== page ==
The other preferred embodiments of the method of the invention are characterized by what is disclosed in the claims presented below. The other embodiments of the absorbent composite in a sanitary product according to the invention are also characterized by what is disclosed in the claims presented below.
The method of the invention and the absorbent composite in a sanitary product, manufactured by means thereof, will be described in more detail in the following with reference to the accompanying drawing, in which
FIG. 1 shows a production line for the absorbent composite in a sanitary product according to the invention,
FIGS. 2a-2c show eccentric bicomponent fibres, and
FIG. 3 shows a cross section of the absorbent composite in a sanitary product according to the invention.
FIG. 1 shows a dry forming line, in which a material web 2 is formed on a wire 1 in two stages by means of two formers 3 and 4. The liquid absorbing layer is formed by the former 3 from natural fibres, such as wood fibres, or from a mixture of natural fibres and plastic fibres, and superabsorbent material, and the cover stock is formed by the former 4 from fibres crimping by the action of heat. A mixture of air and fibre is blown into the formers, which extend transversely across the wire over its entire width, this mixture being mixed and screened to form an even material layer onto the wire 1 moving below in accordance with prior art. It is possible to dispose as many formers as the desired thickness of the material web 2 requires, whereby the thickness of the material web is gradually increased by means of formers arranged successively on the same production line until the desired thickness is achieved. The proportion of wood fibres to plastic fibres in material web layers produced by different formers may thus vary.
The wood fibres are preferably relatively long-fibred mechanical or chemical pulp, and the plastic fibres of the liquid absorbing layer may be any suitable heat bindable fibres, for instance bicomponent fibres, the core of which is polypropylene and the coat of which is polyethene.
Superabsorbent particles or superabsorbent fibres are added to the material web 2 either by means of a separate sprinkling device 5 or by adding them to the fibre material of the former 3. Suitable superabsorbent materials are for instance activated carbon, activated clay, silica gels, CMC-based superabsorbents and crosslinked polyacrylates. The superabsorbent may also be in a liquid form, spraying nozzles being thus used instead of a sprinkling device for spraying for instance acrylic acid monomer in aqueous dispersion onto the material web. The monomers are cross-linked by means of heat and a suitable radical, the superabsorbent thus binding the fibres together for its part. The amount of plastic fibres can thus be decreased in this layer, or they can be omitted altogether as unnecessary.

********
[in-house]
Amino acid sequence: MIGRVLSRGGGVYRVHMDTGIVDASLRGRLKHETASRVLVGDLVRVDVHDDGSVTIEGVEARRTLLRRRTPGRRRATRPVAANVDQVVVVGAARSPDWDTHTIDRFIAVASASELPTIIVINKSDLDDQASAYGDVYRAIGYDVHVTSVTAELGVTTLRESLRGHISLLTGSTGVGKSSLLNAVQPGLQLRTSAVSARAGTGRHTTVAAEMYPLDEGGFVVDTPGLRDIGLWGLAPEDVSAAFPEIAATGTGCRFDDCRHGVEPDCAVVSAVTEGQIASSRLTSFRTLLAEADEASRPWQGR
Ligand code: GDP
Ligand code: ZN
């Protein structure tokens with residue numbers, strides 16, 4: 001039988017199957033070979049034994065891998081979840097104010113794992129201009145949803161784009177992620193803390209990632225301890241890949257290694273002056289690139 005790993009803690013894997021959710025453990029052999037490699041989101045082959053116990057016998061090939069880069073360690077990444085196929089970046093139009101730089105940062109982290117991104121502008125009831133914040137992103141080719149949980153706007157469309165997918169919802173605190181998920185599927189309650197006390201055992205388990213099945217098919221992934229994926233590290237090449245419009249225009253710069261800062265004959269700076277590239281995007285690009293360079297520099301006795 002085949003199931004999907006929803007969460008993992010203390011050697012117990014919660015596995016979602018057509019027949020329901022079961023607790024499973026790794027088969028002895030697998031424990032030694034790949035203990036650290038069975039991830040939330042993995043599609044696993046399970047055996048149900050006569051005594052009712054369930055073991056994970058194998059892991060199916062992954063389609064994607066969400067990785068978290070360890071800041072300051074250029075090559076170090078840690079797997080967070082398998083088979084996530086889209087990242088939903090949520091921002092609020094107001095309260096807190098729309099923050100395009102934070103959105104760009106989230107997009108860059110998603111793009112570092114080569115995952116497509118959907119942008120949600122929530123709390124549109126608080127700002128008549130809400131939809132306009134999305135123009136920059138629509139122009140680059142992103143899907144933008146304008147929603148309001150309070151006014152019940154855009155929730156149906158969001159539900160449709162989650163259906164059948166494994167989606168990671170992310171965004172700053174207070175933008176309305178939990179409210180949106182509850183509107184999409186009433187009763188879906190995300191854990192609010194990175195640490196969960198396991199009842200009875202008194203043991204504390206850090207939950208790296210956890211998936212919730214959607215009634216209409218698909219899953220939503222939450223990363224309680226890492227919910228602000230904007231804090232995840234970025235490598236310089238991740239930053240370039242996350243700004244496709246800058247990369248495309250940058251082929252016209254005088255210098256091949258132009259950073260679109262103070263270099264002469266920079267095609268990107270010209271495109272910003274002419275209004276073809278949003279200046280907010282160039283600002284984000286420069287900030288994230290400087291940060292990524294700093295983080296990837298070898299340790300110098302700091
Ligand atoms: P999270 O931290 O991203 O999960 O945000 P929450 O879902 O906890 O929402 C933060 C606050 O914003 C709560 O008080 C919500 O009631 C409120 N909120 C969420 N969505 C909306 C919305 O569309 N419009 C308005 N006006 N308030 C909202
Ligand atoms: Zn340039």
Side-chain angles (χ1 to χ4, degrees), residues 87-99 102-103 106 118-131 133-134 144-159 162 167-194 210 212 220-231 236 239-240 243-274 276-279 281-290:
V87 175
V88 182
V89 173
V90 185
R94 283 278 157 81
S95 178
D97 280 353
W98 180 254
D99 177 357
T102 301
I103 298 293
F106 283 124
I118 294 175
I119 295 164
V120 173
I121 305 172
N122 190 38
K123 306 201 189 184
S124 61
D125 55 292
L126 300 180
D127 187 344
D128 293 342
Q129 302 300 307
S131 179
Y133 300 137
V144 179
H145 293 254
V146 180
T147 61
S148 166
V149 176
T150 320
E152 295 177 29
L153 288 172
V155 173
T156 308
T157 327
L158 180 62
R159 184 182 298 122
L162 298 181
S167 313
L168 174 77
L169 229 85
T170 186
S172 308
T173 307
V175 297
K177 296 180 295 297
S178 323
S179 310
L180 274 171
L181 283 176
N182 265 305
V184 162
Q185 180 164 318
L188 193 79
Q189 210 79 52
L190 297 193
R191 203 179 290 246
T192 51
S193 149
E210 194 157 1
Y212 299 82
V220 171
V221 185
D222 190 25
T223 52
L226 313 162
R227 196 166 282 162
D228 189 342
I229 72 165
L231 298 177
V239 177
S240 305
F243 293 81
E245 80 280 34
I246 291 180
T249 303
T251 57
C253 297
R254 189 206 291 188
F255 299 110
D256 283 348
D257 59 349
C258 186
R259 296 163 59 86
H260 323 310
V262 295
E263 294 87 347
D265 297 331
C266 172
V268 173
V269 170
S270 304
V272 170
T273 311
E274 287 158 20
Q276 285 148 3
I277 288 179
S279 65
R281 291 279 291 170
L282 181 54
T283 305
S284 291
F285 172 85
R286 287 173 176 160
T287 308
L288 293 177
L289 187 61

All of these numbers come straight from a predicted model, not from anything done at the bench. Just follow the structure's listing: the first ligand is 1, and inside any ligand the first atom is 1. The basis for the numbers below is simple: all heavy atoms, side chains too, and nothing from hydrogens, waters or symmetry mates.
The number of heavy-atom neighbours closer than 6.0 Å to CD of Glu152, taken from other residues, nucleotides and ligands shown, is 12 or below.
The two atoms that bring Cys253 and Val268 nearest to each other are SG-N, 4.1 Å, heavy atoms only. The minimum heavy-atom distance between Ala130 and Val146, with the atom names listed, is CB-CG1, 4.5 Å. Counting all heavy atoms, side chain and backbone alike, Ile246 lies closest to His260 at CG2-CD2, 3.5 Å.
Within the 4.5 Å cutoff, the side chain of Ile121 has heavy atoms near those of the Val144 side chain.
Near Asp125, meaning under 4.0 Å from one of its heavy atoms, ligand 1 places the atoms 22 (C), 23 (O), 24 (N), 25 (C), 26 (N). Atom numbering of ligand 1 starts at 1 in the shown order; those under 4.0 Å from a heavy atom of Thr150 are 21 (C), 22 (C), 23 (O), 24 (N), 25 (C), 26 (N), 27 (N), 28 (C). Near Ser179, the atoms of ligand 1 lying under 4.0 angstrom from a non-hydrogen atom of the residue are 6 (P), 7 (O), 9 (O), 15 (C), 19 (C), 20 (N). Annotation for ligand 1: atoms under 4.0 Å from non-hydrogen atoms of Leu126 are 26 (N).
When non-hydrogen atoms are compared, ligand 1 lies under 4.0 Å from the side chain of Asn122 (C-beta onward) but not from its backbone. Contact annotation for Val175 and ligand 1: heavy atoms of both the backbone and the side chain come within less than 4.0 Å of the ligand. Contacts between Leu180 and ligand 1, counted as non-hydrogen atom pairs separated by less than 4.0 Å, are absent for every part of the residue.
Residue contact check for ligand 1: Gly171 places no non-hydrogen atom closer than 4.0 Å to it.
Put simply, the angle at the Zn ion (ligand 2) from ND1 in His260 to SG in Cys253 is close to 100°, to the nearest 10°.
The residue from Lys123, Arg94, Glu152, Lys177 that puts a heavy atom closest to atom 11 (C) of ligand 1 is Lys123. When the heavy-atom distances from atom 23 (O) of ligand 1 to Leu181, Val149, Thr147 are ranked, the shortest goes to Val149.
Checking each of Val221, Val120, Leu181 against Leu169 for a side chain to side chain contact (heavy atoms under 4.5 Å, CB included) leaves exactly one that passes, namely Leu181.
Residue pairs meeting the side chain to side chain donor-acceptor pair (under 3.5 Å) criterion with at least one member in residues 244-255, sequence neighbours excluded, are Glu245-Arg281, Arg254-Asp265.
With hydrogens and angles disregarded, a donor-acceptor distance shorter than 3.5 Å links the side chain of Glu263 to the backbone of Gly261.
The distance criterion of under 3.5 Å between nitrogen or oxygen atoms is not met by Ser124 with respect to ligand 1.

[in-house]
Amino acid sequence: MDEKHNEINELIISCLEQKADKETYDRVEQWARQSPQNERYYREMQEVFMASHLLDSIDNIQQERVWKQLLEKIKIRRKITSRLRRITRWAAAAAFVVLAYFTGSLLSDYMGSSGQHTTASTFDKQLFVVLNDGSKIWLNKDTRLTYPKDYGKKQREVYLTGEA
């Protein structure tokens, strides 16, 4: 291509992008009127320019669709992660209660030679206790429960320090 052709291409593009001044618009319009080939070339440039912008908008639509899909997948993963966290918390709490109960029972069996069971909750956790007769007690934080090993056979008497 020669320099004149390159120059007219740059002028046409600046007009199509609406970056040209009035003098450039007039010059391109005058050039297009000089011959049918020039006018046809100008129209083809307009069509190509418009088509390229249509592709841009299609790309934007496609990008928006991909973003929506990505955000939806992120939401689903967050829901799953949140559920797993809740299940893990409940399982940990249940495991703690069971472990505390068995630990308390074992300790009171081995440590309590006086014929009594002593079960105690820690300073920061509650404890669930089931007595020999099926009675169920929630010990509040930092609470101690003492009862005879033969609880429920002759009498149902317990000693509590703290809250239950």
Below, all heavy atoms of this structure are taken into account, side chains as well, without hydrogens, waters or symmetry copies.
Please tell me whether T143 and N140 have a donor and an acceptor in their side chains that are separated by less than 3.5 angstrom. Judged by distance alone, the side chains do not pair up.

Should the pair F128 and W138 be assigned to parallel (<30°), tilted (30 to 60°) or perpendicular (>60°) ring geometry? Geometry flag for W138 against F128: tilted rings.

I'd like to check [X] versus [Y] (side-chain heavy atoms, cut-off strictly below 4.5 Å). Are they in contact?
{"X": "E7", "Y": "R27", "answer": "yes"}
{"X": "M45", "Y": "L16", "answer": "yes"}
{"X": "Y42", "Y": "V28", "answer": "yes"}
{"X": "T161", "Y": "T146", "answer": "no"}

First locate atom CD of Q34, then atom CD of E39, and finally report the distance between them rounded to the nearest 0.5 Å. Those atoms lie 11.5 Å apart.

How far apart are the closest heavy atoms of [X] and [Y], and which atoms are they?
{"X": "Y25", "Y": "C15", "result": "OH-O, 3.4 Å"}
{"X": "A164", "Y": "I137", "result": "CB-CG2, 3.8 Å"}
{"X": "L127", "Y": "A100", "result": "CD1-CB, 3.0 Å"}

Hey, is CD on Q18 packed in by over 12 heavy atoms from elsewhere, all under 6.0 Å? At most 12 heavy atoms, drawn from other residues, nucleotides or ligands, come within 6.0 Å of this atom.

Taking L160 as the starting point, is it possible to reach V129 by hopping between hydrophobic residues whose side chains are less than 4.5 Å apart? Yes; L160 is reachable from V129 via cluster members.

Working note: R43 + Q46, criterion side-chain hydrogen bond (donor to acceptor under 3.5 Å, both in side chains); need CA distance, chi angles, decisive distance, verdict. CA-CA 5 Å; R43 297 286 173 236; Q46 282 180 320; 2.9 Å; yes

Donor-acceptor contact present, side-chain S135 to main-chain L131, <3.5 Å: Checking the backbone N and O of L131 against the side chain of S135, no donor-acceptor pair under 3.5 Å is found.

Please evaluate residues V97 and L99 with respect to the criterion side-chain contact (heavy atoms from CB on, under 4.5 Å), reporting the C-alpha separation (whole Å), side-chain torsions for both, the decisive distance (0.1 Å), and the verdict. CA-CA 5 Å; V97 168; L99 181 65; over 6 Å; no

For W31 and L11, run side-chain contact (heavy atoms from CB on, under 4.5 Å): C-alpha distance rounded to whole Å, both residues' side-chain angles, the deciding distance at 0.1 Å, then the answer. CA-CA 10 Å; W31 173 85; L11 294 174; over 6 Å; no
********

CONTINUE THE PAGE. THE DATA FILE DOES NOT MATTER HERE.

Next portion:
The percentage limits of different particles in the absorbing layer may be for instance as follows: wood fibre (chemical pulp fibre) 10-90%, plastic fibre 0-70% and superabsorbent particles 0-90% The grammage of the cover stock may be for instance 15-100 g/m2 and that of the entire absorbent composite for instance 80-1000 g/m2.
After the forming stage, the lower surface of the absorbing layer is calendered with a hot roll 8 to achieve a desired liquid wicking capacity. This calendering of the lower surface of the absorbing layer takes place when the material web is being sucked against the wire 11 which moves round a suction box 10. Patterning which improves the spreading of liquid to desired areas of the product can be produced either by means of a smooth calender roll and a patterned wire or by means of an embossing calender roll and a smooth wire. It has been shown that liquid spreads faster, up to a certain limit, in a denser fibre layer as compared with a more porous fibre layer. This is based on the fact that more densely packed fibres have a greater liquid spreading capacity than fibres which are farther apart from one another. By utilizing this characteristic and providing the liquid with "passages" along which it is capable of travelling faster to all parts of the product, the absorption capacity of the product is utilized in an optimum manner. After the calendering, the material web is bound with heat in a dryer 6. Both the fibres of the absorbing layer and those of the cover stock as well as the superabsorbent material included in the absorbing layer are thus bound together at a time, be the superabsorbent material either fibre-like, particle-like or liquid.
FIG. 2a shows an eccentric bicomponent fibre 10 crimped by means of heat. FIG. 2b shows a cross section of the fibre appearing in FIG. 2a as taken along the line 2B--2B shown in FIG. 2a. It appears from the cross section shown in FIG. 2b that the core 11 of the eccentric fibre 10 is located eccentrically with respect to a coat 12 in such a manner that the core extends to the outer rim. FIG. 2c shows a cross section of a centrically eccentric bicomponent fibre 17, the core 18 of which is also located eccentrically in a coat 19, but in such a manner that it does not extend to the outer rim. The cores 11 and 18 of the fibres 10 and 17, respectively, are preferably polypropylene, and the coats 12 and 19 are polyethene. In binding the eccentric bicomponent fibres according to FIGS. 2a-c by means of heat, they are considerably curled or crimped, forming a great number of binding points, whereby the result is an extremely porous and elastic fibre layer. The thickness of eccentric bicomponent fibres used in the cover stock is preferably 0.8-12 dTex and the length 3-12 mm.